I cleared a spot on my bookshelf next to my desk where it is sitting on display. I have it there to remind me every single day exactly what I’m fighting for and the dream I’ve been working toward for my entire life. Randy and Myrna, I honestly can’t thank you enough for giving me that nudge at the moment when I needed it most. It truly means the world to me.

Book Review : The Poisonwood Bible – Barbara Kingsolver

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Book : The Poisonwood Bible – 543 pps

Author : Barbara Kingsolver

Publisher : HarperCollins Publishers 1999

Amazon : The Poisonwood Bible: A Novel

I have been putting this review off for weeks.  I have no idea why.  My notes have been sitting on my desk since I finished the novel and I have been meaning to write this but just… haven’t.  So now that it’s 3:23am and the fireplace that keeps my office warm won’t start (it’s a brisk 16C in here right now) and the wind is screaming outside my window (welcome to Spring in Saskatchewan) and I’ve decided it’s a darn good time to finally write this.

I absolutely adored this book, but I really struggled with this review.  I didn’t know how ‘deep’ I wanted to get with the religious aspects of it because, well, I’m not a particularly religious person.  And, while I have no problem commenting on how I interpreted it, I know there are many out there who know a heck of a lot more about Christianity than I do and I wasn’t sure I wanted to engage in that conversation with my less-than-excessive knowledge on the subject.  I will make one comment though.  This novel was confrontational and quite critical of Christianity, and that’s one of the main reasons I liked it.  I enjoyed the challenge it created.

The second reason I struggled with this review is that I know next to nothing about the Congo.  Specifically the Congo in 1959.  Which, just happens to be the main setting of 90% of this novel.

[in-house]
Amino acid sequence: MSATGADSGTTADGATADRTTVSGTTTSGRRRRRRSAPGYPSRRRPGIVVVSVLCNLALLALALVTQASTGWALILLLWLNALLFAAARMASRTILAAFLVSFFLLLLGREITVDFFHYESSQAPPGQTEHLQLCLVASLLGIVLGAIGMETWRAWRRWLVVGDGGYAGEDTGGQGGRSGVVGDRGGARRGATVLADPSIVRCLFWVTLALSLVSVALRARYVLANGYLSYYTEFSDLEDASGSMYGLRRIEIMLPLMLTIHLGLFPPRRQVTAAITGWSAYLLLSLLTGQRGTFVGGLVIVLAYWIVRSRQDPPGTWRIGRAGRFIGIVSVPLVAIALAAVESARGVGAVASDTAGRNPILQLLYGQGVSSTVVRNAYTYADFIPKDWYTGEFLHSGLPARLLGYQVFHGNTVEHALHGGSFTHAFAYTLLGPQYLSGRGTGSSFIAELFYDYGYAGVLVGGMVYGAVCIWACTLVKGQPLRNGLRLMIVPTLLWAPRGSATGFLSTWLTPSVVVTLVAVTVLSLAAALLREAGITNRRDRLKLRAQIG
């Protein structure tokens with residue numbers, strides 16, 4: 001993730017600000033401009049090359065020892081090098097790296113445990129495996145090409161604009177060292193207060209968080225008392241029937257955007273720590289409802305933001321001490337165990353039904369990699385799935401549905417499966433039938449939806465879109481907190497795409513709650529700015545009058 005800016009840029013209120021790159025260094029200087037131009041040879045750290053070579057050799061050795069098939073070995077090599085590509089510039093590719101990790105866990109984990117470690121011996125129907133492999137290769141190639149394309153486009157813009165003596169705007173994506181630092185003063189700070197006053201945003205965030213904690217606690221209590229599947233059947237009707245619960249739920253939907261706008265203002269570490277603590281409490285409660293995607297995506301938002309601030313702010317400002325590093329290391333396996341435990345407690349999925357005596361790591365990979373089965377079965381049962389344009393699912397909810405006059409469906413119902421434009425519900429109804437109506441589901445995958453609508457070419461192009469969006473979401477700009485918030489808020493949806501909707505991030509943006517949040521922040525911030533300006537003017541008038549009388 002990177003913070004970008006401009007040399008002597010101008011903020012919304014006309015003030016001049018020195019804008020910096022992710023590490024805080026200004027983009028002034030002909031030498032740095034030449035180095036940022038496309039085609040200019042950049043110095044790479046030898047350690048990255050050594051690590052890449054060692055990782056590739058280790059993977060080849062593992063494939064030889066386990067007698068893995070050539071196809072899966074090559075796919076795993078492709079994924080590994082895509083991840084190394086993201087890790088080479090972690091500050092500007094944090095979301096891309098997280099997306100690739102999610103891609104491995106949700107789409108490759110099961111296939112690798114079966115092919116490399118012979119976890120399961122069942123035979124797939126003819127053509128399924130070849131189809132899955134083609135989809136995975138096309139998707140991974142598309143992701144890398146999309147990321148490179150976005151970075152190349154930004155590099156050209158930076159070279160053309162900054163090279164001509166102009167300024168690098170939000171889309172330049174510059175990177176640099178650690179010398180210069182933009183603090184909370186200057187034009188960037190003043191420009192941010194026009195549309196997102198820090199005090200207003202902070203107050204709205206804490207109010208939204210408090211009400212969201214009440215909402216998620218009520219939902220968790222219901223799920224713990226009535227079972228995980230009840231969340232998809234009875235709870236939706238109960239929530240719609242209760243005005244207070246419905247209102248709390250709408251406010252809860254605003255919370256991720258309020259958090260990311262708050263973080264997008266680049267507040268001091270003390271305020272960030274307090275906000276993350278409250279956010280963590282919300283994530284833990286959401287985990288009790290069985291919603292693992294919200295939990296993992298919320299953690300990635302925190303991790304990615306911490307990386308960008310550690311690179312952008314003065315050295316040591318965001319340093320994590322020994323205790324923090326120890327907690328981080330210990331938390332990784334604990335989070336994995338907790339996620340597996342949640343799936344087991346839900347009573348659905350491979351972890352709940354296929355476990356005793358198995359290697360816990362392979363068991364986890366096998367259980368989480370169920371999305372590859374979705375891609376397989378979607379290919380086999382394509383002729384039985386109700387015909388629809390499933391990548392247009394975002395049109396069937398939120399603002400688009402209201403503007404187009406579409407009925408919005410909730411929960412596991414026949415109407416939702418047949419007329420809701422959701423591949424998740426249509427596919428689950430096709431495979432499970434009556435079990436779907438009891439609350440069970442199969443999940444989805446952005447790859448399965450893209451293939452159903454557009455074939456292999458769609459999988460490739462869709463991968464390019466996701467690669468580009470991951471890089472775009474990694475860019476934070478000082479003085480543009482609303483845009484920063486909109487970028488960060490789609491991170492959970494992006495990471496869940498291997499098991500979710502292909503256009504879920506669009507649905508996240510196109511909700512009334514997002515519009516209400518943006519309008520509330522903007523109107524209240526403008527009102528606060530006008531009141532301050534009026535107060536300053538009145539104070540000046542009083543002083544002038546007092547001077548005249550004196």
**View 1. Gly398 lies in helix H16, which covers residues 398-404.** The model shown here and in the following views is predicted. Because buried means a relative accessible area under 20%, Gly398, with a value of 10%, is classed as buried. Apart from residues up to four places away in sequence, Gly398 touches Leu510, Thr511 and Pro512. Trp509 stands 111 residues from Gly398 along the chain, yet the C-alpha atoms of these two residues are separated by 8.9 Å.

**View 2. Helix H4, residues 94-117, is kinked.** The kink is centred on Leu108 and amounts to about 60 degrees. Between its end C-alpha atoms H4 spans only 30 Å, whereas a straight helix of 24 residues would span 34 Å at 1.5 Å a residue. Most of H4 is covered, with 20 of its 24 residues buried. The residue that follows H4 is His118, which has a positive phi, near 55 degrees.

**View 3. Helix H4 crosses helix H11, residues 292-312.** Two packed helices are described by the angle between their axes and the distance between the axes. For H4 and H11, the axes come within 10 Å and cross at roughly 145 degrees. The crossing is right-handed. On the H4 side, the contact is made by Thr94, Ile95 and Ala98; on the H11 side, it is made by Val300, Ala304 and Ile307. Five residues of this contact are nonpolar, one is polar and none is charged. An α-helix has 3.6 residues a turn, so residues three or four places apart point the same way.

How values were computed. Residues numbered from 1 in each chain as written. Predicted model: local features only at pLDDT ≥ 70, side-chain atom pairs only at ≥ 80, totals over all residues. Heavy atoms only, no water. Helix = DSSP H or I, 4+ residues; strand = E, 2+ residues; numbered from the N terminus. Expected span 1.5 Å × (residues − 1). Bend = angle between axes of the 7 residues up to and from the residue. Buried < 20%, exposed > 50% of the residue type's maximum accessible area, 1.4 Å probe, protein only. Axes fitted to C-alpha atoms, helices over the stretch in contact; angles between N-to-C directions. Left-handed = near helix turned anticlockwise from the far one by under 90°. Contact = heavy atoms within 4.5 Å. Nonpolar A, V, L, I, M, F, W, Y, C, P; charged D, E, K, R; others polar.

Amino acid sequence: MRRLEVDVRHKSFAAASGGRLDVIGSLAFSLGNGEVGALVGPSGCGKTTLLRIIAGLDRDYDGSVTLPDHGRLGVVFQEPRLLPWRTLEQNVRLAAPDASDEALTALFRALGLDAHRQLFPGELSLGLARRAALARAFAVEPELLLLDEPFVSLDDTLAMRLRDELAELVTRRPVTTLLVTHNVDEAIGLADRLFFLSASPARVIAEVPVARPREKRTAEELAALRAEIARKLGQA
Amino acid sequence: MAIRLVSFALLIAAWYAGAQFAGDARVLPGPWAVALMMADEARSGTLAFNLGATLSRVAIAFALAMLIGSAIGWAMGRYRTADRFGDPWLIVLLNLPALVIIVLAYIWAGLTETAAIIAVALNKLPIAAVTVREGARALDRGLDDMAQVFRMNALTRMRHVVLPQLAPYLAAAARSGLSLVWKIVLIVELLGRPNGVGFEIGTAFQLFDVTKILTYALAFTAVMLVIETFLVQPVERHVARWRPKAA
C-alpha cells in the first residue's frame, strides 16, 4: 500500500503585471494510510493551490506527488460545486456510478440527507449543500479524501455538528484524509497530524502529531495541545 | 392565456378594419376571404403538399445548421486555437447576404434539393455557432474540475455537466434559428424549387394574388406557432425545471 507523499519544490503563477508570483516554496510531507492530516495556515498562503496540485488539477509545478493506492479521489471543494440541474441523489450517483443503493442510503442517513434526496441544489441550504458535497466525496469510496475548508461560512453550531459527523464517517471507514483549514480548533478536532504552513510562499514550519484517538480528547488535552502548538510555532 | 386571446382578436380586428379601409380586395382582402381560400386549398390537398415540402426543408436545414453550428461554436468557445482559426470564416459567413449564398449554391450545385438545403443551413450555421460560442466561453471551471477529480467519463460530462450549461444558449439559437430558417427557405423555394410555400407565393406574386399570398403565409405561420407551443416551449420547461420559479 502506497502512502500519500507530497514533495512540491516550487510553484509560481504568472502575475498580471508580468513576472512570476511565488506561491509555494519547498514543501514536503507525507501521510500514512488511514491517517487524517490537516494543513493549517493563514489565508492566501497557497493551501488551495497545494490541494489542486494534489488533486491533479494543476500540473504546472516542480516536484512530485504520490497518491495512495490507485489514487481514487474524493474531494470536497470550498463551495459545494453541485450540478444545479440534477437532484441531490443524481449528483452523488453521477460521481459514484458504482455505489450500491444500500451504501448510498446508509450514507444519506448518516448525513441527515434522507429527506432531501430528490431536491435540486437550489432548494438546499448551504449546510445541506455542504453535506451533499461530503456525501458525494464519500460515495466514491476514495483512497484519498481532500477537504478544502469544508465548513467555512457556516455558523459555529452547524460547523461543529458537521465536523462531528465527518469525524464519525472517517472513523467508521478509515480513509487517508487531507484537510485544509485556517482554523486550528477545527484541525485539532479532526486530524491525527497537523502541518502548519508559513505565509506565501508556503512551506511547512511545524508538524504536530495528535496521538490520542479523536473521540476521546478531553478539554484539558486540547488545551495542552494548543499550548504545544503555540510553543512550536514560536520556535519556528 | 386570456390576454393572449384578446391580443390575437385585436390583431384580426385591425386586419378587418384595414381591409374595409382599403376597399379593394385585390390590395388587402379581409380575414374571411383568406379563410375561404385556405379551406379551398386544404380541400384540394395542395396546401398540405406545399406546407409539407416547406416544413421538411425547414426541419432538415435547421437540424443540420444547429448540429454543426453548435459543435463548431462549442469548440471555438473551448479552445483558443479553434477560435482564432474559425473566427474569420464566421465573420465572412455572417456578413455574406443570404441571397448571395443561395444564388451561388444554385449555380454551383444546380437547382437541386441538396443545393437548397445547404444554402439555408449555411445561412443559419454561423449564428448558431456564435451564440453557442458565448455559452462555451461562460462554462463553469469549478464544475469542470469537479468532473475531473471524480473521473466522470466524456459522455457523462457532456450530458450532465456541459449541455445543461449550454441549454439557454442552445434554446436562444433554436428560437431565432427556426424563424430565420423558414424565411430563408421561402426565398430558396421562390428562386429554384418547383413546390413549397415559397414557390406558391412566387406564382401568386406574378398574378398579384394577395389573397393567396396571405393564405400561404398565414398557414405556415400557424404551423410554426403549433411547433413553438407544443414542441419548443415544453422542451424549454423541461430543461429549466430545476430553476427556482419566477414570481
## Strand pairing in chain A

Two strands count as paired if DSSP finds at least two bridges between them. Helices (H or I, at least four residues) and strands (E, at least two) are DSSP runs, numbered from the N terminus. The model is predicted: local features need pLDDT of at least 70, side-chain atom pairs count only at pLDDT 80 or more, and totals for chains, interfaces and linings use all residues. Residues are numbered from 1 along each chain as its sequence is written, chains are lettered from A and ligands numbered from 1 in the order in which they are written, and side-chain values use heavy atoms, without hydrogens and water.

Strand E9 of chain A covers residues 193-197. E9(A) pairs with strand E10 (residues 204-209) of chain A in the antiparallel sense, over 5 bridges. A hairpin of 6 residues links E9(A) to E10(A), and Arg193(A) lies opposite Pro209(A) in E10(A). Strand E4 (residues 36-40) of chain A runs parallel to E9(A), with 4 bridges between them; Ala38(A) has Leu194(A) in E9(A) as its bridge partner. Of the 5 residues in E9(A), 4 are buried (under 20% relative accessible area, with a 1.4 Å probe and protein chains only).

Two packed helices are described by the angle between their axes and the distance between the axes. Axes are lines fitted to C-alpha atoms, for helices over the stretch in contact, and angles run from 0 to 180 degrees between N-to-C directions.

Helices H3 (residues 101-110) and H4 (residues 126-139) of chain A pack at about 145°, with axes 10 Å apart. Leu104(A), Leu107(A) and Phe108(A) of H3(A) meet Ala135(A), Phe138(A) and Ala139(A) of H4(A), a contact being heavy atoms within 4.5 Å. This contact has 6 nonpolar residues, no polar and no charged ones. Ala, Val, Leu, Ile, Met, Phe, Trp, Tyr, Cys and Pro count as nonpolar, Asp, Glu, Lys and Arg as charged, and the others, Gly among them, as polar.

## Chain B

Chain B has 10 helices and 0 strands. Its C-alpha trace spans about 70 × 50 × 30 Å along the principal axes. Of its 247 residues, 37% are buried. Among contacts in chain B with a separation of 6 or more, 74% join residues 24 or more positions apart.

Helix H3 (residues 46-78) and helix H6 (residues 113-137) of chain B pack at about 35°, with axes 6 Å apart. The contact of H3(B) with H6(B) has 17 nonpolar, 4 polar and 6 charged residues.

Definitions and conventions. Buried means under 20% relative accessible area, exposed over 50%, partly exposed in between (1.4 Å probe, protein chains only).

So instead of the glaringly obvious theme of religion and the ever-present setting of the Congo, I would like to mention the characters and the text itself.

“Believe this: the mistakes are part of the story.” – Adah

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This story is about the Price family.  They are a family of missionaries from Georgia, who volunteer their services in the Congo.  Their living situation changes drastically with their move and they quickly realize just how different their lives as missionaries will be.  Their story is told solely from the mouths of the five women of the family, mother, Orleanna, and daughters Rachel, Leah, Adah, and Ruth May. While reading, I was enjoying the novel so much that I was nearly three-quarters of the way through it before I realized there wasn’t a single chapter dictated from the perspective of the only male in the family, Nathan.

The prose throughout the novel was smooth and beautiful and each character’s voice was strong, distinct, and unique in their respective chapters.  While I grew to appreciate each girl and woman, I fell head-over-heels for Adah.  She describes herself as a “crooked little person, obsessed with balance.”  Between her physical disability and intellectual excellence she is one of the most eloquently written characters I have ever had the pleasure of reading.  There were bits of her that reminded me of my brother, and bits that reminded me of myself and together it just created a warmth and I couldn’t help but be hopelessly devoted to her.

I already know this is a novel I will return to many times.  It is one that I will read again and take away a little bit more each time.  So, even though I have no educated response to the religious tone of this novel, and can’t comment on the going ons of the 1959 Congo, I still highly recommend this novel.

“It is true I do not speak as well as I can think.  But this is true of most people, as nearly as I can tell.” – Adah